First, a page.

On the first day of my first year at Conn I was intent on declaring a double major in Art and Chemistry. Things don’t always turn out how you planned. I am now a double major in Psychology and Africana Studies and minoring in Gender and Women’s Studies. This change was a result of finding interests I did not know I had and connecting with students and faculty in each major. Despite not being an Art major, there are still a lot of opportunities for me to produce art and share it around campus. I often draw in my room while I am (mildly) procrastinating or as a way to de-stress. If I like what I make, I sometimes post it on Instagram and Facebook. Three seniors at Conn, Gabby Schlein, Catherine Healey, and Katie Soricelli, saw some of my drawings and asked me to produce a few pieces for their senior theater capstone. Senior capstones are final projects that are the culmination of a senior’s work in their major. Capstones are great because they give people outside of the major an opportunity to be involved in and meet new people in different areas.
The bowl of assorted chocolates greets me as I walk into the second-floor office of Student Accessibility Services in Shain Library. It is a sweet, and sometimes bitter reminder of my struggles with a Non-Verbal Learning Difference. I always wanted to be a “normal” kid but as I advanced in my education and sought out accommodations, my perspective changed.
In the past two weeks, I’ve started the majority of my interactions with people by saying, “Hey, I’m doing a shoot for the Communications Office, would you mind if I took some pictures of you *insert activity*?” Each time, I hoped that what started off as a semi-awkward interaction between a group of strangers would result in pictures that showcased students using some of the most charming spaces on campus.
This winter I called my dad bragging that my normally weak immune system had beaten off whatever seasonal sickness was going around. I was convinced that I had miraculously improved my ability to fight off colds and the flu without changing anything about my lifestyle. Almost a week later I was in the Coffee Closet, doing homework with my friend Mark, when my head started feeling really groggy. So naturally, I bought three different teas and poured in significant amounts of honey and lemon to try to stop my impending sickness. The next day, I woke up with a fever, feeling like I had been smacked in the face. One of my friends took me to Student Health Services on campus. The nurses there told me I had the flu and prescribed me some medicine.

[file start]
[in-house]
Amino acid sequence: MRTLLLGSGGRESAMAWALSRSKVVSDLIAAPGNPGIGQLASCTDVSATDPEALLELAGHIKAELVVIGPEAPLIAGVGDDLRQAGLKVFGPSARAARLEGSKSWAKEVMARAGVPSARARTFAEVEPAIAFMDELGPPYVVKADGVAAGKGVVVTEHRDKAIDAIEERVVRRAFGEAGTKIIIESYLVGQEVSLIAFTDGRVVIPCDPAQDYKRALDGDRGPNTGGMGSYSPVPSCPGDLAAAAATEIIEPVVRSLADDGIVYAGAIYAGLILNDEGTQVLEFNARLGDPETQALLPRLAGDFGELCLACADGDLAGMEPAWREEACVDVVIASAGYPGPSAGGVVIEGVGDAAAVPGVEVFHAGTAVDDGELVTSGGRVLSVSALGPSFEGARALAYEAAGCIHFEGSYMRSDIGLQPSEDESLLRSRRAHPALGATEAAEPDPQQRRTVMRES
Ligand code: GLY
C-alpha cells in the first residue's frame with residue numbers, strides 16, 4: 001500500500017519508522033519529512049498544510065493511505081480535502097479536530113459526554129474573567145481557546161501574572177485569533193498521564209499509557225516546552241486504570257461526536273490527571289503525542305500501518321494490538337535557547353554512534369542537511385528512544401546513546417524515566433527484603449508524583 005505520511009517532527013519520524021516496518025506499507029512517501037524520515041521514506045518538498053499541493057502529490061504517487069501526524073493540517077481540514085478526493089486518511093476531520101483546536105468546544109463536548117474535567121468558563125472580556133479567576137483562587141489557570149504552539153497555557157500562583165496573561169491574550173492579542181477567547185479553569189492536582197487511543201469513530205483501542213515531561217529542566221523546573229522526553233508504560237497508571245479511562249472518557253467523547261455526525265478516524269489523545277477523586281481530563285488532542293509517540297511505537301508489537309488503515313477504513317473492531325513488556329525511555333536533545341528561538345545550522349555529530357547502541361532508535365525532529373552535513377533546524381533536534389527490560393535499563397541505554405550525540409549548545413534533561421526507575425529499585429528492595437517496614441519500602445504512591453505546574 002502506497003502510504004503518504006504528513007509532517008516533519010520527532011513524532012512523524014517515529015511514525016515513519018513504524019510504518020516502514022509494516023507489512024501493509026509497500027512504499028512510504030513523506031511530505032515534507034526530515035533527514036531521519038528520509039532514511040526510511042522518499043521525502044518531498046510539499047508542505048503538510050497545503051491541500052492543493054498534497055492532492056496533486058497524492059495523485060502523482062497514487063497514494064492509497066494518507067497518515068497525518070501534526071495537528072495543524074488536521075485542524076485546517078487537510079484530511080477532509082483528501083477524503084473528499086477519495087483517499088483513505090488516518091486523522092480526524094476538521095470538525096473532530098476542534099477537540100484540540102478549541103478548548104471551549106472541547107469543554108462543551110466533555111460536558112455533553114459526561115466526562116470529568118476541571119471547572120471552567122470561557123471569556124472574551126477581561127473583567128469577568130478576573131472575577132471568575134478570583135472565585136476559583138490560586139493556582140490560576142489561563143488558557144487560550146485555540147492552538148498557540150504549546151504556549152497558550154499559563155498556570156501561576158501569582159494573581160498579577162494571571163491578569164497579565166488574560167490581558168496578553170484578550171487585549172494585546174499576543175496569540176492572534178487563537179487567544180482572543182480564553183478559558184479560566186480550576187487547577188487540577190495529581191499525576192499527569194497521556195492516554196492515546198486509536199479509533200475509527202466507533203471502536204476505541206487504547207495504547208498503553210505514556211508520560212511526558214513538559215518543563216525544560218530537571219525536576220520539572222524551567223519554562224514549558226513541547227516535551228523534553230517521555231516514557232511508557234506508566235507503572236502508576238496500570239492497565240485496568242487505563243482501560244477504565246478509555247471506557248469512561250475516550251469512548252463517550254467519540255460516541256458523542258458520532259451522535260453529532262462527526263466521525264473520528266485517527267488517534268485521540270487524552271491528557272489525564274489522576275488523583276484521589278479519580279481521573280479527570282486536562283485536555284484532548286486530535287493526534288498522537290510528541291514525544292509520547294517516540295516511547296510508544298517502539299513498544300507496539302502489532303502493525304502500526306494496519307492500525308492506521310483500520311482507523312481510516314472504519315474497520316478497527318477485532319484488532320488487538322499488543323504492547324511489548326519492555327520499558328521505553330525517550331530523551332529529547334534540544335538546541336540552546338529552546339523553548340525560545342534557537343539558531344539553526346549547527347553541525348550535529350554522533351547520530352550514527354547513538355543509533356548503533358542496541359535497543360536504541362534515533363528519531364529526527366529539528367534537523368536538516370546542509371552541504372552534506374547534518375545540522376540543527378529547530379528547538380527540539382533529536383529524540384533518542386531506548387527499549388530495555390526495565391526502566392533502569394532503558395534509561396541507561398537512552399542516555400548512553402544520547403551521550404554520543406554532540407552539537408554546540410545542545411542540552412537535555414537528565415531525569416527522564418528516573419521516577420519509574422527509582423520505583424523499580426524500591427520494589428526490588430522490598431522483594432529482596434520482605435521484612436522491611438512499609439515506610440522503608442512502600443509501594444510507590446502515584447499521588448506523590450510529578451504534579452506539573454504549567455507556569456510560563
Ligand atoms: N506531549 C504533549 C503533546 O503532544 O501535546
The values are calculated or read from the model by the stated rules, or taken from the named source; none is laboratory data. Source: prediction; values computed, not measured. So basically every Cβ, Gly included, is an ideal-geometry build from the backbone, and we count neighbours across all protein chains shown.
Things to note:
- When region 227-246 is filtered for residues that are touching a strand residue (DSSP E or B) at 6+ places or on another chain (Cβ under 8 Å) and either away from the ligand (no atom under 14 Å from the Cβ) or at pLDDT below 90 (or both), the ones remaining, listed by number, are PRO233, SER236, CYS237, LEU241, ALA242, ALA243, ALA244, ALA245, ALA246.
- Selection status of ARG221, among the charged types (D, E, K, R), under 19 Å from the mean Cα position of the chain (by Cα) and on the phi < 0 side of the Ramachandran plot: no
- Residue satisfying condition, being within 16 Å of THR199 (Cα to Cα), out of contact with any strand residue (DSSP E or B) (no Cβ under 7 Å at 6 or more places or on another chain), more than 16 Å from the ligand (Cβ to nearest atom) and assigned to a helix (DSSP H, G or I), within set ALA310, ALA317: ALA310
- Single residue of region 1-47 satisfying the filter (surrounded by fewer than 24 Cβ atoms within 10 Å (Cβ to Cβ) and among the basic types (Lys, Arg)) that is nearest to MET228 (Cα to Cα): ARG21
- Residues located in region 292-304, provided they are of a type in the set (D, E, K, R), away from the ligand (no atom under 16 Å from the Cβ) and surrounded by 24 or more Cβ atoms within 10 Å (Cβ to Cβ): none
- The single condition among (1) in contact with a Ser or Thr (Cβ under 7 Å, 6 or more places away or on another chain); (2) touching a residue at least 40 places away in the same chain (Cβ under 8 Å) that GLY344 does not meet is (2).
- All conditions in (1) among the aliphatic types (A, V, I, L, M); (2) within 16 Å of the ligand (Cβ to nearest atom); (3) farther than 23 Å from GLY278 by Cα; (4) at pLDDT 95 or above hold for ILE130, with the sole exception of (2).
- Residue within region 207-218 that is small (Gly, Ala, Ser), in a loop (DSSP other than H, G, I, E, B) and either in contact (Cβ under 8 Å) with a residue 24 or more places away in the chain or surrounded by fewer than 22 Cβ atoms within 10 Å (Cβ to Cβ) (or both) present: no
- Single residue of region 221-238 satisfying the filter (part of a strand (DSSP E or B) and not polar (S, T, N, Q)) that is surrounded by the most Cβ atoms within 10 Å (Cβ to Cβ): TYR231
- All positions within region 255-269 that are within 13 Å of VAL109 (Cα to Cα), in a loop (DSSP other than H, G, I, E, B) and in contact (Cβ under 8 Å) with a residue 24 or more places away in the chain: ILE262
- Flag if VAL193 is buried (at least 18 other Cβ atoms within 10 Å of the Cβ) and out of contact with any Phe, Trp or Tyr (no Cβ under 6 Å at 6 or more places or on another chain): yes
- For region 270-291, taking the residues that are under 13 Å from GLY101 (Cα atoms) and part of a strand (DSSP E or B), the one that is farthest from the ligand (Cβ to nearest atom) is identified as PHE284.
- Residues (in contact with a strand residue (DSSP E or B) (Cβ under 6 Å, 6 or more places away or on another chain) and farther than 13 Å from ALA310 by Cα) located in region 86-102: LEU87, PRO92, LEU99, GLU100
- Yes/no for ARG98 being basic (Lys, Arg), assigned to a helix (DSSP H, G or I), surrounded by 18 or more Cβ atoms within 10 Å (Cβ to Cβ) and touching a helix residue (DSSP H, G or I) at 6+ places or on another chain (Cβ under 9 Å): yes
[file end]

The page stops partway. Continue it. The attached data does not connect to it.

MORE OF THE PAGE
Recently, a dream of mine came true. Acclaimed author and journalist at The New Yorker David Grann (‘89) joined us in our "Narrative Nonfiction" class. Being able to speak to a writer for The New Yorker was a cool opportunity, but what made the day special was being able to sit with an author and inquire about their entire writing process. When reading, I often compile a long list of questions in my head asking why the author decided to make the decisions they made. The list usually stays unanswered. However, that particular day Grann answered certain questions I’d been eager to know, such as: what does the organizational process look like when writing about a subject laden with so much historical background? My classmates and I also asked him to talk about how he became a writer and how one knows what path to follow in such broad industry. Blanche Boyd, the writer in residence at Conn and the professor of my writing class, assigned The Lost City of Z by David Grann for us to read over spring break. Though not typically the kind of thing I read—a story about adventure, disease and death in the Amazon—I enjoyed this fast-paced tale. It made me want to ask questions.